Policy ForumGenetics and Privacy

Genealogy databases and the future of criminal investigation

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Science  08 Jun 2018:
Vol. 360, Issue 6393, pp. 1078-1079
DOI: 10.1126/science.aau1083

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Summary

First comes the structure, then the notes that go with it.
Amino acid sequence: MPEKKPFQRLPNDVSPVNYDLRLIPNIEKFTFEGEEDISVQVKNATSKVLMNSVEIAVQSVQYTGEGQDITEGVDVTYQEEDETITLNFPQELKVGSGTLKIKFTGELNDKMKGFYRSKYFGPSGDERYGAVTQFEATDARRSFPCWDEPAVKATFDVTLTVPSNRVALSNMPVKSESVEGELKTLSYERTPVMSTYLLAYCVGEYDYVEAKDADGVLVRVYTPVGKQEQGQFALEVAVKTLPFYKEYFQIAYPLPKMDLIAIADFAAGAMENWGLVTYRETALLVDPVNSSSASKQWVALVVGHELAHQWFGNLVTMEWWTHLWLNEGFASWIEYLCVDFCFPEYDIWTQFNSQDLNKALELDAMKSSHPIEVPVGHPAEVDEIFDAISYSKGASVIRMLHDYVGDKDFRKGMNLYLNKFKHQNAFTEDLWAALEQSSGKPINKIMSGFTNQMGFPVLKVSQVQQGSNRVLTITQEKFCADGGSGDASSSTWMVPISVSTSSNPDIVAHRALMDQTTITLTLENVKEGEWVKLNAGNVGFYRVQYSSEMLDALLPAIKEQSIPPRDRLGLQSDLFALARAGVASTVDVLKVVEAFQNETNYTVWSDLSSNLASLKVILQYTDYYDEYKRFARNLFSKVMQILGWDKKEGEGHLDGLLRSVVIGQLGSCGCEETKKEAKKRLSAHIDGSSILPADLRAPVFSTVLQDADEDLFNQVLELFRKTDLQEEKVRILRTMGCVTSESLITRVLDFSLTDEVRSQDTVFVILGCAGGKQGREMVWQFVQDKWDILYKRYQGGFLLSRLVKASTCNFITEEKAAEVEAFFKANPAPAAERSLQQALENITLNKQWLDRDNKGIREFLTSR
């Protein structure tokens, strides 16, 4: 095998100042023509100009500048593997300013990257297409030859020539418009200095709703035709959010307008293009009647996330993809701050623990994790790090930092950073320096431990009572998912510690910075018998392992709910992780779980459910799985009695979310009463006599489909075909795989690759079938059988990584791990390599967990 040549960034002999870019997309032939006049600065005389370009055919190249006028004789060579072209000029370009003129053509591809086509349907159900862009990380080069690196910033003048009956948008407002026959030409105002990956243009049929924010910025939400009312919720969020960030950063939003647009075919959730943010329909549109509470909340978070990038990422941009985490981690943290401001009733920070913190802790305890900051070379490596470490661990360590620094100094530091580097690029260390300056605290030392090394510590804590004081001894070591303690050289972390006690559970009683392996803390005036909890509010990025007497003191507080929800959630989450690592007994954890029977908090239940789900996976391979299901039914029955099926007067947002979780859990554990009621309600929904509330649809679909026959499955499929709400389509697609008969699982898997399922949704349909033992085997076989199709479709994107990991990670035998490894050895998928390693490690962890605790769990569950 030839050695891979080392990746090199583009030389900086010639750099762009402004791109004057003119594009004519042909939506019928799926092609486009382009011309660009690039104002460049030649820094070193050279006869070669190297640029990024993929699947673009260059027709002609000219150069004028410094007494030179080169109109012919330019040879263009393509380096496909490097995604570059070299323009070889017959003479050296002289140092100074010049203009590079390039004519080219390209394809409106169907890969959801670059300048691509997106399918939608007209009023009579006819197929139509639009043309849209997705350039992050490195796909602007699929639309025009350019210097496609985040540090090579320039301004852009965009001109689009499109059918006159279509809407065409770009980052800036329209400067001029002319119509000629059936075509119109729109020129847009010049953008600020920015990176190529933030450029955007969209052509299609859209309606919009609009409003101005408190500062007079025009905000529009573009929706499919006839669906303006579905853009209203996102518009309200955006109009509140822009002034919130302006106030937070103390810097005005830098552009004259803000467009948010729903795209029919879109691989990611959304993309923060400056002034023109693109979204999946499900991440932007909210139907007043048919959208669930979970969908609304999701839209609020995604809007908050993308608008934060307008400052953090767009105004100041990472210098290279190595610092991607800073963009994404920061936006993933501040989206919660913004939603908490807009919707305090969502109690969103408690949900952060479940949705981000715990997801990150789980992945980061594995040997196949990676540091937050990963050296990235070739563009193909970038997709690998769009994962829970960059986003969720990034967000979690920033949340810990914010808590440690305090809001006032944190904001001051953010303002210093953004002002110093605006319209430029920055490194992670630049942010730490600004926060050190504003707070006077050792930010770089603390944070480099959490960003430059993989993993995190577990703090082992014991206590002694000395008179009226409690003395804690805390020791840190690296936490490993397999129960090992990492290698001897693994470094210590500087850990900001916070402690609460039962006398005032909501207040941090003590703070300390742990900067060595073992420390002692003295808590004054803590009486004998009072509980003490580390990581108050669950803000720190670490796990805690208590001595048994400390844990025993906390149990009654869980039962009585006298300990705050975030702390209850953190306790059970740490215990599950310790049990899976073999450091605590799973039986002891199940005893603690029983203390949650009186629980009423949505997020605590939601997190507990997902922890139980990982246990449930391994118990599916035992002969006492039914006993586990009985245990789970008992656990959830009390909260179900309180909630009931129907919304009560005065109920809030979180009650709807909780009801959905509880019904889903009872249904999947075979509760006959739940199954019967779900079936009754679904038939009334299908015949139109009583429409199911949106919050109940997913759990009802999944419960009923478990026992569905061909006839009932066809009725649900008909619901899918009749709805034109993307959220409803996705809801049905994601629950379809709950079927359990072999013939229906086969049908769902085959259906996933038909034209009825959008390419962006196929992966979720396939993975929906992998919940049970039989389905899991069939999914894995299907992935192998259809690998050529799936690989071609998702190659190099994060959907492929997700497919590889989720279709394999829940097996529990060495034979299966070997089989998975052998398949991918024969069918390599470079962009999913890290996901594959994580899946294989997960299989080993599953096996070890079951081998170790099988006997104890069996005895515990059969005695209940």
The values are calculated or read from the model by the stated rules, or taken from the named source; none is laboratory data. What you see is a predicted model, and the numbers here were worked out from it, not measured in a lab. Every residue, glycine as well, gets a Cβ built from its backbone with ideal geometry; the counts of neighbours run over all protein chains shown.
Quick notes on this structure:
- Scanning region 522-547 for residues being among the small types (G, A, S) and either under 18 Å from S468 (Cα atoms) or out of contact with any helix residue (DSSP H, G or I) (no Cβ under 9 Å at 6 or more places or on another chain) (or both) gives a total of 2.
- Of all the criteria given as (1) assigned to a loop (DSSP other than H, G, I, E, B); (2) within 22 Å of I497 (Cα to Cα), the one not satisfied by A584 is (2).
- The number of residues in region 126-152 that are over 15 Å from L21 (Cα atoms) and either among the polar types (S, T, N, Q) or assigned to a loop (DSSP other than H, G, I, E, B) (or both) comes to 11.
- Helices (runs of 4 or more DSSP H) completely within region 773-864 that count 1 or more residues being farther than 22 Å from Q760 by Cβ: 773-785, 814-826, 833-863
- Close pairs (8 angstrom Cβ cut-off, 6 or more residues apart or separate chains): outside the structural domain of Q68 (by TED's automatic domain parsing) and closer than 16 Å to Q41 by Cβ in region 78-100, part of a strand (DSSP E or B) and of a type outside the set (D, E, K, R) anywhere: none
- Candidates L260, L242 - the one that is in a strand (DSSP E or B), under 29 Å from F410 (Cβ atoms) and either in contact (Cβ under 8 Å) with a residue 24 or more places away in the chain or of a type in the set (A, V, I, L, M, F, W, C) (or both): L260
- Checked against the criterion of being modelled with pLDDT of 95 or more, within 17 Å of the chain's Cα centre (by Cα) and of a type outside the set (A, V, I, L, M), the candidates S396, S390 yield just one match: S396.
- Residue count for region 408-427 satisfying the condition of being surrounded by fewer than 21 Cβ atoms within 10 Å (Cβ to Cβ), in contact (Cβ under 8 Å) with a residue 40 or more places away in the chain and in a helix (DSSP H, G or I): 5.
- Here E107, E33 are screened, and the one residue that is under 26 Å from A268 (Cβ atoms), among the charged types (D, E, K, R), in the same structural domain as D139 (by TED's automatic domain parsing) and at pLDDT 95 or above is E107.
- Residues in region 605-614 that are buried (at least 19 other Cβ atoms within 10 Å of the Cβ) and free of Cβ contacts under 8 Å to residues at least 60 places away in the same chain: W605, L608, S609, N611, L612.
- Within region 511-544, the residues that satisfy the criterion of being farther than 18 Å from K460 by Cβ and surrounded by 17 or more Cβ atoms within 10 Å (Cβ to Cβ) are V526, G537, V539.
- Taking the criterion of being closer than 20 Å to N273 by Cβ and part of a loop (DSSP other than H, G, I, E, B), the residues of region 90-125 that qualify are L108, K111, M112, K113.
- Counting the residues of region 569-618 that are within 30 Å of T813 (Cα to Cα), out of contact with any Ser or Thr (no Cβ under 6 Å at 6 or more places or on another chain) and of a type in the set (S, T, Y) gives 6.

The 24 April 2018 arrest of Joseph James DeAngelo as the alleged Golden State Killer, suspected of more than a dozen murders and 50 rapes in California, has raised serious societal questions related to personal privacy. The break in the case came when investigators compared DNA recovered from victims and crime scenes to other DNA profiles searchable in a free genealogical database called GEDmatch. This presents a different situation from the analysis of DNA of individuals arrested or convicted of certain crimes, which has been collected in the U.S. National DNA Index System (NDIS) for forensic purposes since 1989. The search of a nonforensic database for law enforcement purposes has caught public attention, with many wondering how common such searches are, whether they are legal, and what consumers can do to protect themselves and their families from prying police eyes. Investigators are already rushing to make similar searches of GEDmatch in other cases, making ethical and legal inquiry into such use urgent.